PHILADELPHIA (AP) — A suburban Philadelphia school district accused in a lawsuit of secretly switching on laptop computer webcams inside students' homes says one of its administrators has been "unfairly portrayed and unjustly attacked."
The Lower Merion School District has acknowledged remotely activating webcams 42 times to try to find missing, lost or stolen computers, which would include a loaner computer taken off campus against regulations.
One family alleges a school official mistook a piece of candy in a webcam photo for a pill and thought the youth was selling drugs. The district says in a statement Saturday that the official was trying "to be supportive" and denies that the photo was being used to discipline the student.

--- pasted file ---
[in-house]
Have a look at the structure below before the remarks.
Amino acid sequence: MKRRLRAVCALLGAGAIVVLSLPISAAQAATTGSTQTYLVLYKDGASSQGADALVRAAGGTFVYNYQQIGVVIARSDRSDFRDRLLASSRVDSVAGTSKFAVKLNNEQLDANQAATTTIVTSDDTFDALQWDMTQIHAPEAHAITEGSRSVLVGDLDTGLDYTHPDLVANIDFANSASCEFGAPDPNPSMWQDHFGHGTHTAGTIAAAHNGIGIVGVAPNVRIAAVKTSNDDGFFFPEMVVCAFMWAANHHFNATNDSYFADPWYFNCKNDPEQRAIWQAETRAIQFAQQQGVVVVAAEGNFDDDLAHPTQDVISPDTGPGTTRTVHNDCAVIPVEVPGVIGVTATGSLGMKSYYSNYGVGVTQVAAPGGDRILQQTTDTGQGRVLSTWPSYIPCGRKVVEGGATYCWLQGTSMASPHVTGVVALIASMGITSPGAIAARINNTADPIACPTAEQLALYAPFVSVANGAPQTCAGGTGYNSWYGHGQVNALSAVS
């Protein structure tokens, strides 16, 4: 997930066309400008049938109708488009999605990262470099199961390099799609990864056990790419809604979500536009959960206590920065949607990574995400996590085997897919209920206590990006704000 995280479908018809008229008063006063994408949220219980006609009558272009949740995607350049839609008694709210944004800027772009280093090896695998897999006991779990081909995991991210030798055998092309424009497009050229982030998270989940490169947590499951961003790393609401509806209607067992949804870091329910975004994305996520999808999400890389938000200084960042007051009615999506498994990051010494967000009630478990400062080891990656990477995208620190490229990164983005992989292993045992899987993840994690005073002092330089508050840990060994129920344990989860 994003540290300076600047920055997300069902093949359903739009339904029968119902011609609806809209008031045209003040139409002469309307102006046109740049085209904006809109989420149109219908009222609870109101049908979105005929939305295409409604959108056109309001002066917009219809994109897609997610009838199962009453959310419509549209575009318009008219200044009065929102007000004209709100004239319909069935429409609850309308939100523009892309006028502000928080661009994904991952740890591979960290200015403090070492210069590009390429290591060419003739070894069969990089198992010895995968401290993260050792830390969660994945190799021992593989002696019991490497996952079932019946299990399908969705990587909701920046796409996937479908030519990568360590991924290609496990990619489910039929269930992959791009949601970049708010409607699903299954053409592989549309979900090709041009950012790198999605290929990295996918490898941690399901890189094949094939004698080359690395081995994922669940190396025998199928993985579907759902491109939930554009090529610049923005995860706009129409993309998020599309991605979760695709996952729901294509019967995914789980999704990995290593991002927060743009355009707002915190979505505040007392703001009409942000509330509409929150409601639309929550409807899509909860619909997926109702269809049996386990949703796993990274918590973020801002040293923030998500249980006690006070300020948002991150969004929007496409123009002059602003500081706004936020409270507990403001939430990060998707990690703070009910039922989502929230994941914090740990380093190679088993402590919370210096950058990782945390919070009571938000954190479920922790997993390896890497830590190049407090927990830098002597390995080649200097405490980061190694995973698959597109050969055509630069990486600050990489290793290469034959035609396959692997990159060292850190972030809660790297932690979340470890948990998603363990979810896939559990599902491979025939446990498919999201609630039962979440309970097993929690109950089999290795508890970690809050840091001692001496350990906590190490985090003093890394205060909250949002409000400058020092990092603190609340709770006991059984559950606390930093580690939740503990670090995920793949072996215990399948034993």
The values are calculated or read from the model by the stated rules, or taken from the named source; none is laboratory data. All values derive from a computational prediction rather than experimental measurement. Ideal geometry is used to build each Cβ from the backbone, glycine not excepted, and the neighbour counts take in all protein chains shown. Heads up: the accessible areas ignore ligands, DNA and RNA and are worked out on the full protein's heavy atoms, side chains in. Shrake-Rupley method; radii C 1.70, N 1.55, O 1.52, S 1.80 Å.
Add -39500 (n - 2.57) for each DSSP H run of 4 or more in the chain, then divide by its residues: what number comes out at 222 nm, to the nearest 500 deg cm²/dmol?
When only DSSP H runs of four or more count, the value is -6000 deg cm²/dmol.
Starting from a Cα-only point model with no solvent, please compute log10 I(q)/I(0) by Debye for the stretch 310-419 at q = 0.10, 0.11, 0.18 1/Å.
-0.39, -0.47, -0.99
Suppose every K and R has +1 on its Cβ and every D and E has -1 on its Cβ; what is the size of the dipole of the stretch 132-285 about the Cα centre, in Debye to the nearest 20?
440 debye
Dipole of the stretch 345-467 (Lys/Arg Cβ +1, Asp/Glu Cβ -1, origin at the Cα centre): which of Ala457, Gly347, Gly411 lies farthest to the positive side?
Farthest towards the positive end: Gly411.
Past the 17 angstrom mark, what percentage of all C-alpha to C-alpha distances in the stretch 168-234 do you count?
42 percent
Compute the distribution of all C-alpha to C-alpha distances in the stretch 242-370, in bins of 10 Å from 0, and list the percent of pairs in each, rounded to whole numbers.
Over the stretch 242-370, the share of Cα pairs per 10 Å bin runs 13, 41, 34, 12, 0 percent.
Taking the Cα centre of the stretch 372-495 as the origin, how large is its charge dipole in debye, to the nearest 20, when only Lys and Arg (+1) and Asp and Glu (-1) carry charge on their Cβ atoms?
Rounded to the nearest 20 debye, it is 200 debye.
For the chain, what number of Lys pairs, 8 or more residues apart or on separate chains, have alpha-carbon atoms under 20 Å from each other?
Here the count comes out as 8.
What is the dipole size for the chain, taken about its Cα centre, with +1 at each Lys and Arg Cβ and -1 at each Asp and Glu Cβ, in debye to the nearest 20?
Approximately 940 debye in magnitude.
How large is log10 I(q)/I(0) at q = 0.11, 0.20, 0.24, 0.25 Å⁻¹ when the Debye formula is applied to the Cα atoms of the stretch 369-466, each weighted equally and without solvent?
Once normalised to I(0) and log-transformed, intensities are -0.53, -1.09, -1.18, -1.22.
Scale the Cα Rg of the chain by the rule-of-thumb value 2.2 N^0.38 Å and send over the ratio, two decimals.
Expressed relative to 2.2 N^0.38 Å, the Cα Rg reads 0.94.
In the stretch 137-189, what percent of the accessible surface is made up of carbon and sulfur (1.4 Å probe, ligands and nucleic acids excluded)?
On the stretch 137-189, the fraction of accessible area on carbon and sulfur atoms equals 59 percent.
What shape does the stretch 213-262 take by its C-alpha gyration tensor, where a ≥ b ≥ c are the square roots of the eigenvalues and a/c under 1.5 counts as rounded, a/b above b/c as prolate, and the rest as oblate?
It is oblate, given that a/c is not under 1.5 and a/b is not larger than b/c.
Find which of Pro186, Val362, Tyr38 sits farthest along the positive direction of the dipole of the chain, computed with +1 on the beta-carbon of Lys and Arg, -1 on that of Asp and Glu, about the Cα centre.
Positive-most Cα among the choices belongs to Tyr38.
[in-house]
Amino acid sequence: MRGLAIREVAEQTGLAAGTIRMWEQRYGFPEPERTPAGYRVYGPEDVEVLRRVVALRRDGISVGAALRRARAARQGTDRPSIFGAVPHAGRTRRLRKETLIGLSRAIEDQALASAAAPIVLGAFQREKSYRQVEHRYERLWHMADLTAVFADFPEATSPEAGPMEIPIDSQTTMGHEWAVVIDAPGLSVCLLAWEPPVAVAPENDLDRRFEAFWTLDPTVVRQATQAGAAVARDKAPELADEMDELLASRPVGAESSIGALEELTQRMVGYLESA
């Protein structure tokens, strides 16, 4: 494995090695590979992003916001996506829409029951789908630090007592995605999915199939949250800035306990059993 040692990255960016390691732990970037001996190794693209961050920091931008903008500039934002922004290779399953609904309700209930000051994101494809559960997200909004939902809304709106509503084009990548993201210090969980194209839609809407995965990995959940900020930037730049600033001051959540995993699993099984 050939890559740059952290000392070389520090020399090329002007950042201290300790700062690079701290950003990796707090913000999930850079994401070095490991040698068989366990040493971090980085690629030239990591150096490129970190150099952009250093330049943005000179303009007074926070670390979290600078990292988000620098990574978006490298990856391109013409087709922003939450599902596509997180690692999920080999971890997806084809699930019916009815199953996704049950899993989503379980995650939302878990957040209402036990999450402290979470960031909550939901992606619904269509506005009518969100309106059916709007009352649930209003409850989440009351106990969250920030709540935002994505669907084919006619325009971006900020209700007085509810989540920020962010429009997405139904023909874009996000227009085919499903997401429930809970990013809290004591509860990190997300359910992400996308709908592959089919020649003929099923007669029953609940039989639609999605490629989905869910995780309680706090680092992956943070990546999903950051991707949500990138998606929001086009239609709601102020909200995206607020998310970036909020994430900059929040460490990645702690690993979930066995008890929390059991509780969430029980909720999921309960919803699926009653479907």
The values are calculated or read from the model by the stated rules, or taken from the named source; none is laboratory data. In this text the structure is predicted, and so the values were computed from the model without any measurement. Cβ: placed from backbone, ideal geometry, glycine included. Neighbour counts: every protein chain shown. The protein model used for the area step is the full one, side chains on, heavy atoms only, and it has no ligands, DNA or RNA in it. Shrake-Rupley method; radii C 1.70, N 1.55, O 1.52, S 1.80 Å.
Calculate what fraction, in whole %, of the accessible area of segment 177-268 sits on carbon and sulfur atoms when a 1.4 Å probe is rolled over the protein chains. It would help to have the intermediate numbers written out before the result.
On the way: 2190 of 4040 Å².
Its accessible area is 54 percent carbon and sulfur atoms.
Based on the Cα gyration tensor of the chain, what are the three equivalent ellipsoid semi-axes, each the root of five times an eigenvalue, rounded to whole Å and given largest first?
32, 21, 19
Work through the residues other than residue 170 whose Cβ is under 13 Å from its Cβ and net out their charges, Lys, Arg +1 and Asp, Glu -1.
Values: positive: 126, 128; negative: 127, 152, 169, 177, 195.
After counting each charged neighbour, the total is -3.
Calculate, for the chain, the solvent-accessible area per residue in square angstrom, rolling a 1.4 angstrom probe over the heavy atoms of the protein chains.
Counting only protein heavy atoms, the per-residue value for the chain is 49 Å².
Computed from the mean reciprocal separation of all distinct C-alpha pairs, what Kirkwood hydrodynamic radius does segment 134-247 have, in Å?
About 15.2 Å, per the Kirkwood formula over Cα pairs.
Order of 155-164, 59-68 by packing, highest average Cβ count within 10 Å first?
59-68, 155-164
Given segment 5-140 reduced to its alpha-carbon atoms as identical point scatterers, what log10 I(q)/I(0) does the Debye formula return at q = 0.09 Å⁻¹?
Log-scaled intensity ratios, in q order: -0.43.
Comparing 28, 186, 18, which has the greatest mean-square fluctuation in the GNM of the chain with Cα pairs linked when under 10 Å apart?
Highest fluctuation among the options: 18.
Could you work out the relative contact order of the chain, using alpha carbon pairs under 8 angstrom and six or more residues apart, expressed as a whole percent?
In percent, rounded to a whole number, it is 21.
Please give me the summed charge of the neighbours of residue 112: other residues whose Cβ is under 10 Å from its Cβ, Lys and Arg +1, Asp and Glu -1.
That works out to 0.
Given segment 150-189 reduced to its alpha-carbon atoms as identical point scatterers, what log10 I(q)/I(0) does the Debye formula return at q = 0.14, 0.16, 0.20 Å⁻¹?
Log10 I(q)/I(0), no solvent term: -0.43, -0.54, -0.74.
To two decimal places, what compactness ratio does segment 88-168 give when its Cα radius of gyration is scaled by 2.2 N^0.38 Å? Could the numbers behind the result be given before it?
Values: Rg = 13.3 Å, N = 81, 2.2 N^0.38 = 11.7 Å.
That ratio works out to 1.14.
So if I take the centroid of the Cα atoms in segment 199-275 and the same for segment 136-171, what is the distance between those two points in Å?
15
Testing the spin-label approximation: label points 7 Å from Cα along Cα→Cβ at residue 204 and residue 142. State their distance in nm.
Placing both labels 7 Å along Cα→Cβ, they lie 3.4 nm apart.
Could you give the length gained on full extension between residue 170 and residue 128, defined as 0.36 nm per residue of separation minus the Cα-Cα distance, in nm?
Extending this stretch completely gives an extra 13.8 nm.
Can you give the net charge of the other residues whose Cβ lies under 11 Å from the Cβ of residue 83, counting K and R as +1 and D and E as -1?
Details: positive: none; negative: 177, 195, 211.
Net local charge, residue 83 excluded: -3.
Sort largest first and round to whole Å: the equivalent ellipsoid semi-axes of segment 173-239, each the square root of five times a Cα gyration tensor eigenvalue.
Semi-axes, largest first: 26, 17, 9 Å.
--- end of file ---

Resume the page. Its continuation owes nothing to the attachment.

Officials say the system has now been "completely disabled."
A law enforcement official with knowledge of the case told The Associated Press on Friday that the FBI will explore whether Lower Merion School District officials broke any federal wiretap or computer-intrusion laws,
Remote-activation software can be used to capture keystrokes, send commands over the Internet or turn computers into listening devices by turning on built-in microphones. People often use it for legitimate purposes—to access computers from remote locations, for example. But hackers can use it to steal passwords and spouses to track the whereabouts of partners or lovers.
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